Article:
We’re taking another walk around the garden, but instead of touring our Atlanta garden, we are filling you in on the changes that we have made in our Knoxville garden. With spring around the corner, we are hustling to get our garden away from home back in shape. The garden is located in a nice sunny spot and is protected by a fence that we built years back. We fill it each season with different crops that can be grown with a more hands-off approach. In the driest periods Ryan’s folks water it as needed for us (and they help pulling the occasional weed). Here’s what took place most recently and the plans for the year ahead:
Weeding and Refreshing.
Once the garden bed was weeded and cleaned up from its dormant state, Ryan regraded areas of the garden that were uneven from the hugelkulture method we started the bed with began settling. This gave us a more even planting area and path to work in. (You can read about how we started this hugel bed here.)
With a cleaner slate our beloved broadfork was used to aerate and loosen the soil for our new plants to get their roots reach deeper and allow them to pull in more nutrients. Then the garden bed was smoothed over with a metal rake.
This year we have decided to shift our bed towards perennial crops. We have started with mostly berries. Our rhubarb and collards will be staying put from previous seasons since they are still going strong. We wanted to keep things ultra-easy on ourselves with our away garden. This meant turning it into a place where our berry bushes could thrive. These plants will be used to propagate many more that will be transplanted on our own (future) property later. It is the perfect solution for our in between time. These are the bushes we planted:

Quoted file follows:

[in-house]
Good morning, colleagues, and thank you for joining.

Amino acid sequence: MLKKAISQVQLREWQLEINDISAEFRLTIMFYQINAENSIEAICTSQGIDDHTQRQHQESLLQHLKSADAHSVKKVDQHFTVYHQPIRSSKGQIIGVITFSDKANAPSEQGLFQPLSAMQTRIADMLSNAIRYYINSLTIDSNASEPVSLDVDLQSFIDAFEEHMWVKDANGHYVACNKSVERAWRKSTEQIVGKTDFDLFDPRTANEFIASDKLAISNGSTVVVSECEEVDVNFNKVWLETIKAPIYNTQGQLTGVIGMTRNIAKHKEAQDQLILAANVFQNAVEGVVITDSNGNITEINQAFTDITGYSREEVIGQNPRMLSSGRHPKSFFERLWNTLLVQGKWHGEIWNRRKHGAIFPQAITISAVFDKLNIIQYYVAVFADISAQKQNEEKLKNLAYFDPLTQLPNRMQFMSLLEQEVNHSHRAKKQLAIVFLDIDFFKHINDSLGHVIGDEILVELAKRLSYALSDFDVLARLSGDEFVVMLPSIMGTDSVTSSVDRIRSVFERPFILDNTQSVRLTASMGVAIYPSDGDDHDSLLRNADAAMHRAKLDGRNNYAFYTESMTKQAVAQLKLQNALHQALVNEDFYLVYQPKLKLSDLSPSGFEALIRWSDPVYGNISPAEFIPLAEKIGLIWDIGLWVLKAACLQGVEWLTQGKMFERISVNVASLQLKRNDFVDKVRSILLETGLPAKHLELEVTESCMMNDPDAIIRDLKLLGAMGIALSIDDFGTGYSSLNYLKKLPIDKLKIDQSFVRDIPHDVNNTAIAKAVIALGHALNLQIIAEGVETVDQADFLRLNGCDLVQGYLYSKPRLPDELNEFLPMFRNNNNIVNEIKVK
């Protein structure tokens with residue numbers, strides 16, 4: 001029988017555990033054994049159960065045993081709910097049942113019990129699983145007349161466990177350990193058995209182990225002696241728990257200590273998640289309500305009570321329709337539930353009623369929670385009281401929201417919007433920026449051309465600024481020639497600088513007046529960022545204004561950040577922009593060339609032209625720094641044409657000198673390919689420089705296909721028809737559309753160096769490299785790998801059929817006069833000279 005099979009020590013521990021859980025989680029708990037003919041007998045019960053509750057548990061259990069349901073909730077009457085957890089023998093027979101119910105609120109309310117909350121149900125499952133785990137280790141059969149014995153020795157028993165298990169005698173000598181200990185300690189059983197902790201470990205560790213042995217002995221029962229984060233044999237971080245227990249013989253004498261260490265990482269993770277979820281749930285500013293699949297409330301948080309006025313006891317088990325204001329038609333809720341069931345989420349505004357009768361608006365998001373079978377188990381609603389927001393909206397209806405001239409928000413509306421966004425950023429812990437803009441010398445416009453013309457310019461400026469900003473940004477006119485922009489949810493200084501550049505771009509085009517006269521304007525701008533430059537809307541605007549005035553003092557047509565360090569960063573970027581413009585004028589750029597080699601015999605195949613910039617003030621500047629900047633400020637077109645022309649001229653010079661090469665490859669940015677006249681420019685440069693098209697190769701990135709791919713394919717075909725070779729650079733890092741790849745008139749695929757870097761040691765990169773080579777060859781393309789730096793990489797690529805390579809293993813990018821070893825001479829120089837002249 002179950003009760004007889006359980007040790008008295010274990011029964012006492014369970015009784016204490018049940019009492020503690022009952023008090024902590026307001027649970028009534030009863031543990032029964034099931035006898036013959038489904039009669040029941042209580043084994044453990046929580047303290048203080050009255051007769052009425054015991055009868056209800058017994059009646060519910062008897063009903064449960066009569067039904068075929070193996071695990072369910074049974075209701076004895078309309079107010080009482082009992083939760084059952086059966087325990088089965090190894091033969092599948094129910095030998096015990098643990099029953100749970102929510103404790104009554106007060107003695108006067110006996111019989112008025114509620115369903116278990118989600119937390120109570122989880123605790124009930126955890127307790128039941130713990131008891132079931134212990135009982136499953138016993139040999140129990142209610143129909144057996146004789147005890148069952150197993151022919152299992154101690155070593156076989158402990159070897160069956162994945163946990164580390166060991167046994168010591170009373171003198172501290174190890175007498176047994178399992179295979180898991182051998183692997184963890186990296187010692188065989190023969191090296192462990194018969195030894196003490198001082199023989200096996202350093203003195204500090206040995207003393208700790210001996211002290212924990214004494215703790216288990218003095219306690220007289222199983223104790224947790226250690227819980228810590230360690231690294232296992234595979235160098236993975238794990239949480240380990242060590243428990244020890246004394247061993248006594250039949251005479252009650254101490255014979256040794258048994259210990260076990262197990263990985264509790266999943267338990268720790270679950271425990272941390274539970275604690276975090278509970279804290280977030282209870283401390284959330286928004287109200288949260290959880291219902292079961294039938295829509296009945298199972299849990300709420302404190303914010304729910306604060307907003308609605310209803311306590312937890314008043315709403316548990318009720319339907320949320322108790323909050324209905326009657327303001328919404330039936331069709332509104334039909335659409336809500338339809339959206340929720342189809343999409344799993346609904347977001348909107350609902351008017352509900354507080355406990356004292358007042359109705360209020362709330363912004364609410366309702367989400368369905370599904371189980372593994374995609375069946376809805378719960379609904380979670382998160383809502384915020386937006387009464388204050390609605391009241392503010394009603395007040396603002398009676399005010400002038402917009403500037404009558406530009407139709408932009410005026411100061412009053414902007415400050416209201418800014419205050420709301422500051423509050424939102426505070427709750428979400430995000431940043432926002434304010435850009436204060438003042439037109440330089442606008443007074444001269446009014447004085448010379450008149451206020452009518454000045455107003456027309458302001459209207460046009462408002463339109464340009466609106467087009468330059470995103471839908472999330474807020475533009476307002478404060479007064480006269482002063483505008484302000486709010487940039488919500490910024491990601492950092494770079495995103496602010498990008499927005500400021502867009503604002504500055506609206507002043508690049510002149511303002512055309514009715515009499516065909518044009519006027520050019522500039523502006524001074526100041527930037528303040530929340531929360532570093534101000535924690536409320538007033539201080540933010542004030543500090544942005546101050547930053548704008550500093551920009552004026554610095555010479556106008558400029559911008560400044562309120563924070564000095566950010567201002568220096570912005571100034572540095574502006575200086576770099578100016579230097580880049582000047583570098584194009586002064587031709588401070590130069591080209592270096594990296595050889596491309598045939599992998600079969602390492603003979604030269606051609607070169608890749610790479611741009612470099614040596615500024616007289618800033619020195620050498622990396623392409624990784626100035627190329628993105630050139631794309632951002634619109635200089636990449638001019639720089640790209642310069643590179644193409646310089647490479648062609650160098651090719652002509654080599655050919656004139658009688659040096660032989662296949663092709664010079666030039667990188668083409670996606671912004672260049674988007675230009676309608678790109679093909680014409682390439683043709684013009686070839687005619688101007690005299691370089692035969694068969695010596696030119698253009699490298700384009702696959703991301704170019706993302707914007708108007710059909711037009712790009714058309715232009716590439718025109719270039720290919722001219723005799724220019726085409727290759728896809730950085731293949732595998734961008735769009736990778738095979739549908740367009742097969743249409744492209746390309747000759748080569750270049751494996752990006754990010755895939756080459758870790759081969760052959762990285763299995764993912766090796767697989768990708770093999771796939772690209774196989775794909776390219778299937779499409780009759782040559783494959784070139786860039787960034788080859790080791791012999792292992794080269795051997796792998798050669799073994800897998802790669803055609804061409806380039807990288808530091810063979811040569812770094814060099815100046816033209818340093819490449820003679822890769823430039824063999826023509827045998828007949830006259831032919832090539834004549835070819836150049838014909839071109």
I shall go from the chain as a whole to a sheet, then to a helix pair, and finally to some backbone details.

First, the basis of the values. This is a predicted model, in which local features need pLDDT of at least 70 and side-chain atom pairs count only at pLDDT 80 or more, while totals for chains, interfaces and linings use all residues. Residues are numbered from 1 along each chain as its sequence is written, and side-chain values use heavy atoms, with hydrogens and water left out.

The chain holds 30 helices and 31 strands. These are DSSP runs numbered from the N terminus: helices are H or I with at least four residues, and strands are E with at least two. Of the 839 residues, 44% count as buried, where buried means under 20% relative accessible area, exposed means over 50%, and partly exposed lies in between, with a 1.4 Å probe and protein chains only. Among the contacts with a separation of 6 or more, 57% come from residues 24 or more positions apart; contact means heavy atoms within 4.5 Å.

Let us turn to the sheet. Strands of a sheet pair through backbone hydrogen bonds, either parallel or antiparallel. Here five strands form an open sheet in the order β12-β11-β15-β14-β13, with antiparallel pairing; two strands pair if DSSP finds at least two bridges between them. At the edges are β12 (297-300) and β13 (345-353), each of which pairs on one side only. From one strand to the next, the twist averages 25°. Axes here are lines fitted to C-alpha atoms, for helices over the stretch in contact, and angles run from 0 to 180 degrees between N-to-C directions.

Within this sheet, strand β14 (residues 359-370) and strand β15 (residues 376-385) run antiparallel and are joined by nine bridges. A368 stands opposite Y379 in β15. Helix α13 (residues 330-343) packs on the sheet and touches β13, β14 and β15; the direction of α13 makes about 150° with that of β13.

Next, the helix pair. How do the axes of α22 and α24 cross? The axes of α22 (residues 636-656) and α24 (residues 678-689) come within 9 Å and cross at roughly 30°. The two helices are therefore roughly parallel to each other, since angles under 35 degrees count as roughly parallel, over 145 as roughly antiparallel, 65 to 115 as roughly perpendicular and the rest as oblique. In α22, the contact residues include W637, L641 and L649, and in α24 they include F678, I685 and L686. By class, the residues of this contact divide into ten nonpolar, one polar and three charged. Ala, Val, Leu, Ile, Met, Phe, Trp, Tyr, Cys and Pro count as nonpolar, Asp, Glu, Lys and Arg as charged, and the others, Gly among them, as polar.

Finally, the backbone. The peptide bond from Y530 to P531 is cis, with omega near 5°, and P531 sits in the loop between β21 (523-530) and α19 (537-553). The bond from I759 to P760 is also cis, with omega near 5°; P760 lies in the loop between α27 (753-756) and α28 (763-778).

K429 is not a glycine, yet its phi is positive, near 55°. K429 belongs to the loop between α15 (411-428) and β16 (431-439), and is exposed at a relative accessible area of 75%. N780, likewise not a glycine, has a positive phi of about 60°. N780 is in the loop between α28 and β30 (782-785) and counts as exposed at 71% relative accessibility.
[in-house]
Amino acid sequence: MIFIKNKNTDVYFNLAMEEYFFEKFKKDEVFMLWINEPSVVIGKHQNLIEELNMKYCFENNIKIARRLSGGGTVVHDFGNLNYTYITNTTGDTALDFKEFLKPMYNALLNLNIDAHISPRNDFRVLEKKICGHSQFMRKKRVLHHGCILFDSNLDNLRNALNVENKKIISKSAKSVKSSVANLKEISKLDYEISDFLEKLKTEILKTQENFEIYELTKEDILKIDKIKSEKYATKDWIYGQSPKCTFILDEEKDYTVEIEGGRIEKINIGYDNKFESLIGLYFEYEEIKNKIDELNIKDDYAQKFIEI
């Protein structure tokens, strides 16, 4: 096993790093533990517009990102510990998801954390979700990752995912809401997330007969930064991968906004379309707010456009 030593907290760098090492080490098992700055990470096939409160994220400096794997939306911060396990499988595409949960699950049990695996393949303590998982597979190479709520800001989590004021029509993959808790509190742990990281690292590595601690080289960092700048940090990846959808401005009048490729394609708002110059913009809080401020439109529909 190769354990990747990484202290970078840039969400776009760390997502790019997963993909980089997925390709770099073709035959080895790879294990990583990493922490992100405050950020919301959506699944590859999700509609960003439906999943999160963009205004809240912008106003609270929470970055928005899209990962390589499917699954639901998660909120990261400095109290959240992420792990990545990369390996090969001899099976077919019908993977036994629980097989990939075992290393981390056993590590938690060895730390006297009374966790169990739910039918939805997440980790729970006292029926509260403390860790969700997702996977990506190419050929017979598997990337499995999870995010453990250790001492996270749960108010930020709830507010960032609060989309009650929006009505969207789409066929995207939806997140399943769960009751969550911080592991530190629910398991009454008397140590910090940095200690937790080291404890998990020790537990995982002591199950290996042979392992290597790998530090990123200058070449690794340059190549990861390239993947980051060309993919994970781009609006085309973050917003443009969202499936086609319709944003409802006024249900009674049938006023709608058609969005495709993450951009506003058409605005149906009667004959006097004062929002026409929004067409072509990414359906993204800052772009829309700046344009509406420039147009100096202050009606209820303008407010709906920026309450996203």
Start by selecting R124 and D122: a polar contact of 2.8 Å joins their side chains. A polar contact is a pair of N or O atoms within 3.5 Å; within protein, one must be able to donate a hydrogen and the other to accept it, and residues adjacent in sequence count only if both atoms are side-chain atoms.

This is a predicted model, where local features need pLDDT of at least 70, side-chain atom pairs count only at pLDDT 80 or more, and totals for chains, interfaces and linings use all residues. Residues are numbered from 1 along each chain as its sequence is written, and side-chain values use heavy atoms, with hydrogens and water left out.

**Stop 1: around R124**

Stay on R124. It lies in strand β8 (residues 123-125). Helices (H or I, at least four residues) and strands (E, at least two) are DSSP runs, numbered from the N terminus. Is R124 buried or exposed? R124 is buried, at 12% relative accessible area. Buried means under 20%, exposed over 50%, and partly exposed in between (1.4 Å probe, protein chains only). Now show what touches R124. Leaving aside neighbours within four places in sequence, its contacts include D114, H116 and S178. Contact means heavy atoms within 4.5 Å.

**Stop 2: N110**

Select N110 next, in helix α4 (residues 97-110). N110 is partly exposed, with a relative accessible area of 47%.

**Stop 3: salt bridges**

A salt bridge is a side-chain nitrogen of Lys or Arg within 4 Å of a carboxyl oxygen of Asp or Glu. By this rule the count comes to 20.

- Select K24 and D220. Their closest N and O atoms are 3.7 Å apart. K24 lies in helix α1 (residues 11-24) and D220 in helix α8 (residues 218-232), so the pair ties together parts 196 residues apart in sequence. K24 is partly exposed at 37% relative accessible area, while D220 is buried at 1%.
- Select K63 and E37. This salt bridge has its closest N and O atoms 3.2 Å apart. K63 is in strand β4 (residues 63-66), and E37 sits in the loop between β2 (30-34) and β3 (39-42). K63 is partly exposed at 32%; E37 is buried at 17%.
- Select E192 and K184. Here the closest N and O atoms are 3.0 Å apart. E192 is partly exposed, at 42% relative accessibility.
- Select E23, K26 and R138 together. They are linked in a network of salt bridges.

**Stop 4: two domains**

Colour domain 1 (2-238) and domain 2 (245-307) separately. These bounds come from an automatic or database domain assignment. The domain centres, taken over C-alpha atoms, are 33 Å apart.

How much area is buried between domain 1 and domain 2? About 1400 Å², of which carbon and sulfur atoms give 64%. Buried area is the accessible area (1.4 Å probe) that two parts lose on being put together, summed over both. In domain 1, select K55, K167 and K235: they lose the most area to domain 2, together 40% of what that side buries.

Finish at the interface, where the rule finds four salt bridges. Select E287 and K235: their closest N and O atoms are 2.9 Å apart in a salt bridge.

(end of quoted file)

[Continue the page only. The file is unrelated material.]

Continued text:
Elderberries: John & Adams
Thornless blackberries – Prime Ark Freedom, Araphao, & Natchez.
Thorny blackeberries – Kiowa
The varieties were selected so they stretch the harvest season. While we wanted to avoid thorns as much as we can, the potential of having the world’s largest blackberry is hard to pass up, so we are trying out a Kiowa as well.
Because we spread a mix of leaves and compost in the fall, only one layer of mulch was added during our last trip to Knoxville, a layer of hay. When we return again in a couple of months, we will spread a layer of finished compost over the garden to give the soil a boost going into the growing season.
Rebuilding the fence.
Our bamboo fence we built in 2013 was beginning to get a little flimsy on us. Granted, we did beat it up a little over the years. Nevertheless it was time to reconstruct our security system (aka fence). Ryan got the fence reconstructed but left a small section loosely tied together while we consider our gate options.
We picked up Heavy Duty Steel T-Posts from Home Depot to replace our bamboo posts and reused the 4’ Galvanized Steel Mesh fence we had already been using.
After Ryan had driven the T-posts into the ground, the fence was attached with aluminum fence ties. While Ryan secured the posts and mesh together, I pulled the mesh tight to assure a taught fence. Clearly, I had the easy job during the fence redo- nothing short of a gentleman, my husband.
There is still more work ahead of us in our away garden, but this was a great start. In the meantime, what was planted will have time to acclimate and establish itself for the spring ahead. We can’t wait to get back and see how those little
babies berries have changed when we return in a couple months.